We're hiring! We have two different but complementary projects -- one funded by NIH, the other by NSF. We need help with both.
Postdoctoral opportunity: Systems neuroscience approaches to bonding and attachment, UT-Austin: The Phelps Lab (phelpslab.net) at the University of Texas at Austin is looking for a postdoctoral trainee to examine brain-wide patterns of neural activation associated with the development and expression of pair-bonds in the monogamous prairie vole. The project includes using viral vectors and chemogenetic agents to manipulate interactions between cortical and sub-cortical substrates of attachment and memory. Trainees will have the opportunity to learn the latest in whole-mount immunhistochemistry and automated microscopy methods through our collaboration with Dr. Pavel Osten at Cold Spring Harbor Laboratory. We're looking for someone with experience in behavioral neuroscience, immunohistochemistry and small animal surgery. Additional opportunities include training and projects in genomics and field work.
Postdoctoral opportunity: Evolutionary epigenomics of behavior, UT-Austin: We are also looking for a postdoctoral trainee to investigate the adaptive evolution of gene regulation in non-model systems. The project seeks to identify adaptations in neuronal gene regulation associated with the emergence of monogamy in prairie voles. The successful candidate will have experience with genome-wide tests of selection and comfort with standard tools of bioinformatics (some combination of Bash, R, Python). This is an excellent opportunity for a recent graduate with a background in bioinformatics, phylogenetics or population genetics looking to expand into functional measures of sequence evolution, neurobiology, or animal behavior. Although not required, the applicant will have the opportunity to become proficient in a variety of advanced molecular methods, including ChIP-seq, meDIP, conformation capture and other techniques.
UT-Austin is a wonderful place to be. There is a vibrant community of researchers working at the interface of brain, behavior and evolution, an excellent sequencing facility, and extraordinary computational resources.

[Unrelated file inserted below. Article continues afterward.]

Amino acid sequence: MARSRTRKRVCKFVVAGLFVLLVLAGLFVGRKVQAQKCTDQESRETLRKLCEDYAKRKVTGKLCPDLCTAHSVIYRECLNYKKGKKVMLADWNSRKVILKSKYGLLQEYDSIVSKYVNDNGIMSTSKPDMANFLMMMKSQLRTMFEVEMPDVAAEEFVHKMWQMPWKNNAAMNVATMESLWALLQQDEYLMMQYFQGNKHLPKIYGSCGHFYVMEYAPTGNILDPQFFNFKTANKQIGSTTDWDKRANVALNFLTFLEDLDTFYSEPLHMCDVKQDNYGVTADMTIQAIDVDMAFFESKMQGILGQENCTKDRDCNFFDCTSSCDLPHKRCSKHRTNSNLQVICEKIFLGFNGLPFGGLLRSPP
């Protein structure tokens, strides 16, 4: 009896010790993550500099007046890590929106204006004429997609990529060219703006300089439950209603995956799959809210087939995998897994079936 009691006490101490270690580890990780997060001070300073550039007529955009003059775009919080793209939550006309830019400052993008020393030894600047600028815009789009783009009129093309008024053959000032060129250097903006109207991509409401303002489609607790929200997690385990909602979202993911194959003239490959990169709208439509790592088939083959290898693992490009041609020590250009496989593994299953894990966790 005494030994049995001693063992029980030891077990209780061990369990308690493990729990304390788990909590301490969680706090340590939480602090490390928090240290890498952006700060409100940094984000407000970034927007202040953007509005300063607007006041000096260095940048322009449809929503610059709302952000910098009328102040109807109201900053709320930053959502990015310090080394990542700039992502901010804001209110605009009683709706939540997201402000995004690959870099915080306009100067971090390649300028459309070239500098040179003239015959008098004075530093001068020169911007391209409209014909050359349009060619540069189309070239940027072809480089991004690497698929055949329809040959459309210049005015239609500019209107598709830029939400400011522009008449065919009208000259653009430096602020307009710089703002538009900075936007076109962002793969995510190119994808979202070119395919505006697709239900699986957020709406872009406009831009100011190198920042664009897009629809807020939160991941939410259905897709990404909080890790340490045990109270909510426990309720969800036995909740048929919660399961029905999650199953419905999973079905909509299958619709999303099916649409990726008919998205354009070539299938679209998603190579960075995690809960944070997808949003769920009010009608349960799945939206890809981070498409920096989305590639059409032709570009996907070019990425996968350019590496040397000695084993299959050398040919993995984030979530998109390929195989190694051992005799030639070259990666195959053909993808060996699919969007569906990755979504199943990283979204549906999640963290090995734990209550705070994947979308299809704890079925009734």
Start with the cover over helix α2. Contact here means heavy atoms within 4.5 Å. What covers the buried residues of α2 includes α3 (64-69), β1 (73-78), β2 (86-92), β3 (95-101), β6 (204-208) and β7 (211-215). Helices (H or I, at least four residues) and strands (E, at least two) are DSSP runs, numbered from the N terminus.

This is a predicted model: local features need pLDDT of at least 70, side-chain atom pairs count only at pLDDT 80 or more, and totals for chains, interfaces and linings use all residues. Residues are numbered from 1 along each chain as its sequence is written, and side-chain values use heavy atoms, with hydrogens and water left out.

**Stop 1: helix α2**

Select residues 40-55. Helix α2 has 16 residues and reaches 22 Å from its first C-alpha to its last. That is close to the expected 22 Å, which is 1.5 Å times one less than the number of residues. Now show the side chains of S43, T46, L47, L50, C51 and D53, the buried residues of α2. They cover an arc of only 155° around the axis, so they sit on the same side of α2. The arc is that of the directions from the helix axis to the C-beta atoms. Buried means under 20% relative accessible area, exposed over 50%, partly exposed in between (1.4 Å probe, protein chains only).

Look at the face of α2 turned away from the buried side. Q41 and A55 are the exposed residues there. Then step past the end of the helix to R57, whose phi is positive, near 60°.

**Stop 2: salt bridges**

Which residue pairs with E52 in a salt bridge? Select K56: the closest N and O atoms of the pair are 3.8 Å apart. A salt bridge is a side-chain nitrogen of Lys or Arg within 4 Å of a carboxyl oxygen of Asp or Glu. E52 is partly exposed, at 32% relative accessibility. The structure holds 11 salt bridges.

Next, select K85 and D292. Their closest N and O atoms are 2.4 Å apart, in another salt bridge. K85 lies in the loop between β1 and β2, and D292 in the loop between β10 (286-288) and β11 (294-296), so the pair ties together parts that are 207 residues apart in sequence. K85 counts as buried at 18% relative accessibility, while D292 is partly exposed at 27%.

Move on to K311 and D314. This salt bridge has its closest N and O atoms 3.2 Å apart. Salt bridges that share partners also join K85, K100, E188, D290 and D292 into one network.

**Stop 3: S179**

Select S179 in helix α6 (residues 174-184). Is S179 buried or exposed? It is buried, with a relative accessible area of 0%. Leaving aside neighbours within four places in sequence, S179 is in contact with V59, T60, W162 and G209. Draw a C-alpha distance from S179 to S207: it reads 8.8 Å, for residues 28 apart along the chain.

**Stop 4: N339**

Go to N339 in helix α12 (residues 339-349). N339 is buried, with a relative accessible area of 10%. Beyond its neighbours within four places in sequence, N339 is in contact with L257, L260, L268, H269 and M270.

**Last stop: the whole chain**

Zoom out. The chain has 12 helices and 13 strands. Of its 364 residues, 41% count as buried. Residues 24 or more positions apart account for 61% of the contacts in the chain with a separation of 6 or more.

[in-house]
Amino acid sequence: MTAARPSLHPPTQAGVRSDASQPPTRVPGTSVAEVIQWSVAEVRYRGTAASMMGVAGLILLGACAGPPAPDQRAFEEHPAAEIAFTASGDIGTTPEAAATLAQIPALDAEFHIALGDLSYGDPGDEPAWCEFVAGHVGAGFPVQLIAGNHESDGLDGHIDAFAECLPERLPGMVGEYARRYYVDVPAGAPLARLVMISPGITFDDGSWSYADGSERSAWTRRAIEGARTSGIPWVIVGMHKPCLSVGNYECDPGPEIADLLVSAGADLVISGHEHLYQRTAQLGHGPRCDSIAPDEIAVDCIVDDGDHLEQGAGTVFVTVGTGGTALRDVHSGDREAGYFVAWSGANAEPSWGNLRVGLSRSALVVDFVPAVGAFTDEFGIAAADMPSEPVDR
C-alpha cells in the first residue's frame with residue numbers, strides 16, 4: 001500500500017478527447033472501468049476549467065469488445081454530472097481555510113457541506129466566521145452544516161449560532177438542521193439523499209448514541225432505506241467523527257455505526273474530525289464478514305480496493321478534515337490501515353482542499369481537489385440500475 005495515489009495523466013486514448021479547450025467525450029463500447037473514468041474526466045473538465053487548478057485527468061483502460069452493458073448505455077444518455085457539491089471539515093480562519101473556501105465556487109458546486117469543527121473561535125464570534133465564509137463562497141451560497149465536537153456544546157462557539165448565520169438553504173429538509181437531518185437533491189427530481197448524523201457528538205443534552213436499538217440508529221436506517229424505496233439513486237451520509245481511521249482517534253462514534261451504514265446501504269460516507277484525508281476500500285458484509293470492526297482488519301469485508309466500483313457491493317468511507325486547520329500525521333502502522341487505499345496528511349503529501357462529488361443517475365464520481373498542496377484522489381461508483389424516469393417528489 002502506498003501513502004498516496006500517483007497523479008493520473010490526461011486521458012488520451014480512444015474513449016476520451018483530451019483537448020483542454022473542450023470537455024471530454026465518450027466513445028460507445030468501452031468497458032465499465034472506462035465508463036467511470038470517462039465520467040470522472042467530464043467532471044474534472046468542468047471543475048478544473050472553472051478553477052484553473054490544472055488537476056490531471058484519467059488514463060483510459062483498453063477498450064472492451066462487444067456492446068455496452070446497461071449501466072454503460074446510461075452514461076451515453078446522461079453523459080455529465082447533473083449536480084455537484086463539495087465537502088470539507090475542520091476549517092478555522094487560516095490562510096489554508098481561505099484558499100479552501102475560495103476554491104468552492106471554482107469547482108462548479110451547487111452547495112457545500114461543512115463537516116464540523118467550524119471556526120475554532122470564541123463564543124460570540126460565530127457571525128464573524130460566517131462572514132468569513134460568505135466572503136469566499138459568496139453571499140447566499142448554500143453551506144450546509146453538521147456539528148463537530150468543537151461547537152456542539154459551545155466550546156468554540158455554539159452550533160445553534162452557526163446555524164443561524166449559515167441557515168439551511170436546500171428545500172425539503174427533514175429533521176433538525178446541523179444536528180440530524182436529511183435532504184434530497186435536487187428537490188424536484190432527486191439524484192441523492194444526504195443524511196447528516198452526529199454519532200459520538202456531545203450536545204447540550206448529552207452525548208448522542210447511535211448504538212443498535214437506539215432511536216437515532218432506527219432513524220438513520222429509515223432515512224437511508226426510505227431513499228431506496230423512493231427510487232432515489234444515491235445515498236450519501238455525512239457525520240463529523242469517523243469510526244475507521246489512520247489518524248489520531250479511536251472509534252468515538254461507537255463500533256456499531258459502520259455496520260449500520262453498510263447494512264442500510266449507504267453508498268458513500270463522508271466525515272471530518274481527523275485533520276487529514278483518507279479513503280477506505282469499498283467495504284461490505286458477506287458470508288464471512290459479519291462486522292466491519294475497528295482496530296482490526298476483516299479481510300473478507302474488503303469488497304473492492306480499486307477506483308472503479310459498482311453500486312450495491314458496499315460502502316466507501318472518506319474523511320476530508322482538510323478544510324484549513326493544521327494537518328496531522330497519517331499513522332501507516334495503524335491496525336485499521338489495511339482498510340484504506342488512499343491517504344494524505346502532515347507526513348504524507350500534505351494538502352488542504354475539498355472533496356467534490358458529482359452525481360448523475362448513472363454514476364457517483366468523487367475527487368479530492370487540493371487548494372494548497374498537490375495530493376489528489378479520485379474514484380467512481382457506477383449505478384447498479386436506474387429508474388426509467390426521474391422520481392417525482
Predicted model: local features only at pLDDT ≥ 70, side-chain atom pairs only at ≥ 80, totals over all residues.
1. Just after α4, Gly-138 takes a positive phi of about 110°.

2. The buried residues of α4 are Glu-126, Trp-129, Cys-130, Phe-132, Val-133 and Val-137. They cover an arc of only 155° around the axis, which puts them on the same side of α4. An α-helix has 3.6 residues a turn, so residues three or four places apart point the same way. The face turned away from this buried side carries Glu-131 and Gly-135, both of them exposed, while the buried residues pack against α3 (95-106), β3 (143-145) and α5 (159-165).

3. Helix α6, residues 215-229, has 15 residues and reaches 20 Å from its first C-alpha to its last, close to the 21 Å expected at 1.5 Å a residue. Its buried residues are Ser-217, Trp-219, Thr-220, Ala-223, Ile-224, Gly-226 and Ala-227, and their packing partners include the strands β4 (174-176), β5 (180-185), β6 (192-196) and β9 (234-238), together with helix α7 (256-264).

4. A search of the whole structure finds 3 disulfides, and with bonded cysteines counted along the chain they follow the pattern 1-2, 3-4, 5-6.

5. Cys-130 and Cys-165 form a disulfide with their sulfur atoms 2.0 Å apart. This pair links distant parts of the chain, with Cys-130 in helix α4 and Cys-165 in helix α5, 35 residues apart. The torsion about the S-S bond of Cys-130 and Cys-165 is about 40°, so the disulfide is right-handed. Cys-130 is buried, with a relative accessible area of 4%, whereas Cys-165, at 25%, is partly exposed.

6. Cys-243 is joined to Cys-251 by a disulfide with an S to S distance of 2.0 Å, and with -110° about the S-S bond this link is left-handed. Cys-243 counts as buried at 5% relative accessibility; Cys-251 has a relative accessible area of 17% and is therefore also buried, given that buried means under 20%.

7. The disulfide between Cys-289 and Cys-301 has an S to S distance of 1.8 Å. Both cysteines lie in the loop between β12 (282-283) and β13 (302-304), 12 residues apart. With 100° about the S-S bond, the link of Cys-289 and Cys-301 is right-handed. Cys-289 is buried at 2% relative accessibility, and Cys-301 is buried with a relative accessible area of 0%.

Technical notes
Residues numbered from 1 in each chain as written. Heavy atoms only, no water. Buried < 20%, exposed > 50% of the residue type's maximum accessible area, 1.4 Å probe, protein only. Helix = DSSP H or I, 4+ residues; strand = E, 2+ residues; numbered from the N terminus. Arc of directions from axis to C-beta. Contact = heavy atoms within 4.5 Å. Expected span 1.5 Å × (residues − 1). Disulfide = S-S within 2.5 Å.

The lab has 2+ years of funding available for each of these positions, with subsequent years contingent on progress in the first. Pay is at the NIH standard rates. The start date is flexible; the positions could begin anytime in 2018. Applications should include a current CV along with a cover letter that provides a short (~1 page) statement of research interests and contact information for three references. Please submit applications by email to firstname.lastname@example.org, with the subject line POSTDOC APPLICATION by DECEMBER 15, 2017.
If you're interested in becoming a graduate student (here or anywhere else), here are a few things to think about.
What makes a good graduate application?
The graduate school application process is arduous, time-consuming and remarkably competitive. To the applicants, it must also seem like a deeply mysterious process. Here are some tips about how prospective students are evaluated by admissions committees.
Grades: Good grades convey that you are responsible, that you manage your time well, and that you have an aptitude for the material covered in your courses. However, people who do well as undergraduates are not necessarily well-equipped for graduate school. Graduate school is a wildly different experience, where success is largely determined by how ready you are to take responsibility for your own education. A 3.5 GPA (on a 4.0 scale, so A’s and B’s) is considered good. A GPA below 3.0 would require a student that was exceptional in other more direct measures of research aptitude.
GREs: The GRE conveys an imperfect sense of your overall scholastic aptitude. Most of our students coming into EEB have scores of ~320 (verbal + quantitative) or higher. An outstanding score (330+) will earn a closer look at your application. A student with a poor verbal score (as is often the case with international students) can address this in part by being sure that the research statement shines. A combined score of 302 or lower would require a special letter to our graduate school, and rarely are the remaining portions of an application strong enough to merit this.
Letters of recommendation: A good letter will be detailed, provide insight into who you are, and be written by someone who is in a position to know your merits – preferably someone in the field you want to work. Unfortunately, most letters are either glowing or not very informative. Also, it’s pretty much impossible for you to know with any certainty how good a letter will be. If your prior mentor has a history of placing students in excellent grad programs, she or he is probably a good letter writer. If you have worked with a PI for over a year and you are on good terms. they will probably take the time to write a strong letter. It’s not a bad idea to give a letter writer a way of politely declining by saying, “If you don’t feel like you could evaluate my readiness for graduate school, or if you have reservations for any reason, I completely understand.” They might decline because they are busy, or because they couldn’t write you a strong letter. In either case, a mediocre letter won’t help you much.